7. The statues and candelabra were delivered to King on February 7, 2000, at which time King discovered that both statues had been broken in transit. Foster Decl., ¶ 12, Exh. E; Hanasab Decl., ¶ 6.

8. FedEx was originally granted an air carrier certificate by the Federal Aviation Administration on March 7, 1972, and the certificate was reissued on May 14, 1998. Foster Decl., ¶ 3, Exh. A.





Federal Rule of Civil Procedure 56(c) authorizes the granting of summary judgment "if the pleadings, depositions, answers to interrogatories, and admissions on file, together with the affidavits, if any, show that there is no genuine issue as to *1283 any material fact and that the moving party is entitled to a judgment as a matter of law." The moving party bears the initial burden of identifying the elements of the claim in the pleadings, or other evidence, which the moving party "believes demonstrate the absence of a genuine issue of material fact." Celotex Corp. v. Catrett, 477 U.S. 317, 323, 106 S. Ct. 2548, 2553, 91 L. Ed. 2d 265 (1986); Adickes v. S.H. Kress and Co., 398 U.S. 144, 157, 90 S. Ct. 1598, 1608, 26 L. Ed. 2d 142 (1970). The burden then shifts to the nonmoving party to establish, beyond the pleadings, that there is a genuine issue for trial. Celotex Corp., 477 U.S. at 324, 106 S. Ct. at 2553.

"[I]n ruling on a motion for summary judgment, the nonmoving party's evidence is to be believed, and all justifiable inferences are to be drawn in [that party's] favor." Hunt v. Cromartie, 526 U.S. 541, 552, 119 S. Ct. 1545, 1551-52, 143 L. Ed. 2d 731 (1999) (citation and internal quotation marks omitted); Diruzza v. County of Tehama, 206 F.3d 1304, 1314 (9th Cir. 2000), cert. denied, 531 U.S. 1035, 121 S. Ct. 624, 148 L. Ed. 2d 533 (2000). However, more than a "metaphysical doubt" is required to establish a genuine issue of material fact. Matsushita Elec. Indus. Co., Ltd. v. Zenith Radio Corp., 475 U.S. 574, 586, 106 S. Ct. 1348, 1356, 89 L. Ed. 2d 538 (1986); Brinson v. Linda Rose Joint Venture, 53 F.3d 1044, 1048 (9th Cir.1995). Rather, "the nonmoving party must come forward with `specific facts showing that there is a genuine issue for trial.'" Matsushita, 475 U.S. at 587, 106 S. Ct. at 1356 (citation omitted).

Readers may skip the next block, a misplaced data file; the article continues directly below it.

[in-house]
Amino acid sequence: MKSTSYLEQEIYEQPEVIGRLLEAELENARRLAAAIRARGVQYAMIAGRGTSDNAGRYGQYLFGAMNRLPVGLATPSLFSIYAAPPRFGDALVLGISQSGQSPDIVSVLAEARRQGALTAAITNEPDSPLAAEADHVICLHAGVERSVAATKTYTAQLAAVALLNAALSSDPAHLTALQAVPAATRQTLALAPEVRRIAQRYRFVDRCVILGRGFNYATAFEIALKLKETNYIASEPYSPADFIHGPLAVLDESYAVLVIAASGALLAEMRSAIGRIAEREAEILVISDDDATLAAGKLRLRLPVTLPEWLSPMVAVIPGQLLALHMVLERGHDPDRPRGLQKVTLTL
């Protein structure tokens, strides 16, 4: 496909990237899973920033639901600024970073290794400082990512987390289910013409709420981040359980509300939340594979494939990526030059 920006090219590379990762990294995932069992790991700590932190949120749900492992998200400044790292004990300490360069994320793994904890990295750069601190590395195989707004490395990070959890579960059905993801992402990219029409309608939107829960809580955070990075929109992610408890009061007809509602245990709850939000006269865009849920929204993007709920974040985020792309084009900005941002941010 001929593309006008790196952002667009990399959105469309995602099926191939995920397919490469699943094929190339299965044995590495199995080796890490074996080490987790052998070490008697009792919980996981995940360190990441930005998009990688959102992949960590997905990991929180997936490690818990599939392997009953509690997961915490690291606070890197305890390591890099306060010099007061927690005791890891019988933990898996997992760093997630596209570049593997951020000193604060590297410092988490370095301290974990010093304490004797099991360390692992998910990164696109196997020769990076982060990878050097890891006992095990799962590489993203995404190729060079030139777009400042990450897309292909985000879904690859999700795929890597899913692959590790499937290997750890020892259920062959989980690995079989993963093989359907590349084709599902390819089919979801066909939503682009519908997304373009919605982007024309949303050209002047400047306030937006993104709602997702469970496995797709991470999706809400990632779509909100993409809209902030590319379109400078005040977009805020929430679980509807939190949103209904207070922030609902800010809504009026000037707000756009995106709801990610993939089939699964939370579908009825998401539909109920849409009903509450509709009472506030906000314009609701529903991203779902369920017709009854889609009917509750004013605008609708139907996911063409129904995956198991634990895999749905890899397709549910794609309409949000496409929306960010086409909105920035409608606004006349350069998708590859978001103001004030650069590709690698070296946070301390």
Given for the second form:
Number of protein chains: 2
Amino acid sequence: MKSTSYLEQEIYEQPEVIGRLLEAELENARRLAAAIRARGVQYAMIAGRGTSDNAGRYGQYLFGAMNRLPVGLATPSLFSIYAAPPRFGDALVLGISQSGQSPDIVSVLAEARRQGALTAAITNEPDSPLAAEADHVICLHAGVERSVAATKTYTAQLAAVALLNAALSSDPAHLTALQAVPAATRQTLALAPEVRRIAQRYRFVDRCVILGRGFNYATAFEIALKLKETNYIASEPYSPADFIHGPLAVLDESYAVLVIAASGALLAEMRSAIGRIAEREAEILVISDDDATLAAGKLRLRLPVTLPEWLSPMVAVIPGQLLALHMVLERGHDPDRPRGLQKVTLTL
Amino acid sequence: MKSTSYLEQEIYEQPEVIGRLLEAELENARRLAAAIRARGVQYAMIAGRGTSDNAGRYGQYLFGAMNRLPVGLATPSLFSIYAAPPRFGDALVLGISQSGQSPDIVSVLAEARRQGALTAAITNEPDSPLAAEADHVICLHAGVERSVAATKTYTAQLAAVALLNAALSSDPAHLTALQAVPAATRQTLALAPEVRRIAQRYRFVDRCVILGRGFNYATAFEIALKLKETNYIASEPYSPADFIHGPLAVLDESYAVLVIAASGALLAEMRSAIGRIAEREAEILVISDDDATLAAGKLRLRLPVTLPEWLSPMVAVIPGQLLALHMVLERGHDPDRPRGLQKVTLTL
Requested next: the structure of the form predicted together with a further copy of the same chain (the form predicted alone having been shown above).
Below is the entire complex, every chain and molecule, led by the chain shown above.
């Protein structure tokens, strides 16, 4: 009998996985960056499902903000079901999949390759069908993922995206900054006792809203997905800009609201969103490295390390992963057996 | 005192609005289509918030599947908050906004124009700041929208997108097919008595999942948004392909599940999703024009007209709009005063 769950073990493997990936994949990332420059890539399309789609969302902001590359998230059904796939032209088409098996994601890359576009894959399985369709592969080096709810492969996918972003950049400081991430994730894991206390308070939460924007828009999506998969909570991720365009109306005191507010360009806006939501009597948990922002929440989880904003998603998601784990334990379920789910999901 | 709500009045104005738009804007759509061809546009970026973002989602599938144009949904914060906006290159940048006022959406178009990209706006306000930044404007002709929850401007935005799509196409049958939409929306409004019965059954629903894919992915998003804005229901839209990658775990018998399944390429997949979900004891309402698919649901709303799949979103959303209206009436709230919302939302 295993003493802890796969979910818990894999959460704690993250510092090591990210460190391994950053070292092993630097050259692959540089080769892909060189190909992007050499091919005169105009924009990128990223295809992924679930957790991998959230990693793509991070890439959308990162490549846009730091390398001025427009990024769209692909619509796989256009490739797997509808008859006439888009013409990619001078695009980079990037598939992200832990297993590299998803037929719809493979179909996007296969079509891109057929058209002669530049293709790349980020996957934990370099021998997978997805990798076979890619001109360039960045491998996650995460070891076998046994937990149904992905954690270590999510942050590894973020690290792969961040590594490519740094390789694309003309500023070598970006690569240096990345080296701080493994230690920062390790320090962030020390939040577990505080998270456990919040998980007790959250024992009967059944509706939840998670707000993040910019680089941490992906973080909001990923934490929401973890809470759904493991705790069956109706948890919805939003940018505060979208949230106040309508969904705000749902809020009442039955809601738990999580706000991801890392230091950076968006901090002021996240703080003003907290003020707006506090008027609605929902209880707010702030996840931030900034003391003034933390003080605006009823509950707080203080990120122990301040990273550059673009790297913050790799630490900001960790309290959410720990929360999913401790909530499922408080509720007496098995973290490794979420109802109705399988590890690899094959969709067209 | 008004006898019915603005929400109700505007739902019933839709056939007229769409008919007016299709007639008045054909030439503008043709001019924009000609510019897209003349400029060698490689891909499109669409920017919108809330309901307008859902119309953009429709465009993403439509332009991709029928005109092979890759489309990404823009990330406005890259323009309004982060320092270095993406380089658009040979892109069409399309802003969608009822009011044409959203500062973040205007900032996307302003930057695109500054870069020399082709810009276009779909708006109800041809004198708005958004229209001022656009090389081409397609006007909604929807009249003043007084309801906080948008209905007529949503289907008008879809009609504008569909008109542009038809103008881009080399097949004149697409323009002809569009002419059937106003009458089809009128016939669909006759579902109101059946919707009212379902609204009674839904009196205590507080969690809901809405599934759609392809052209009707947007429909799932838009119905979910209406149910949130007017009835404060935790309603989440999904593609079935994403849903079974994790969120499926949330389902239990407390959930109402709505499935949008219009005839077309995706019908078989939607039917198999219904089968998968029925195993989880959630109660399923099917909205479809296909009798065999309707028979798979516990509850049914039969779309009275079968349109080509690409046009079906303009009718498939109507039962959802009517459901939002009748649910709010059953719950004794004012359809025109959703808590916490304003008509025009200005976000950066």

Federal Express is a federally certified all-cargo air carrier operating under the authority granted it by the Federal Aviation Administration. Federal Express Corp. v. Cal. Pub. Util. Comm'n, 936 F.2d 1075, 1076 (9th Cir.1991), cert. denied, 504 U.S. 979, 112 S. Ct. 2956, 119 L. Ed. 2d 578 (1992); Finding 8. As such, FedEx's liability for the loss of, or damage to, goods shipped in interstate transit is governed by federal common law. Read-Rite Corp. v. Burlington Air Express, Ltd. ., 186 F.3d 1190, 1195-98 (9th Cir.1999); Deiro v. American Airlines, Inc., 816 F.2d 1360, 1365 (9th Cir.1987); Sam L. Majors Jewelers v. ABX, Inc., 117 F.3d 922, 926-29 (5th Cir.1997); see also Insurance Co. of North America v. Federal Express Corp., 189 F.3d 914, 926 (9th Cir.1999) (Wm.Fletcher, J., Concurring) (Federal courts "have consistently applied federal common law to determine whether air carriers may limit their liability for cargo loss or damage."); Kemper Ins. Cos. v. Federal Express Corp., 252 F.3d 509, 512 (1st Cir.2001) ("When a shipper (or, as here, a subrogee standing in place of a shipper) contests the validity of a contractual clause that limits an air carrier's liability, we apply federal common law." (footnote omitted)). In fact, "state law regulating the scope of air carrier liability for loss or damage to cargo is preempted by the [Airline Deregulation Act of 1978 (`ADA')]." Read-Rite, 186 F.3d at 1197; see also Insurance Co. of North America, 189 F.3d at 925 ("Congress has ... expressly preempted any state law governing the validity of limited liability contracts of air carriers." (Wm.Fletcher, J., Concurring)). As the Ninth Circuit has held: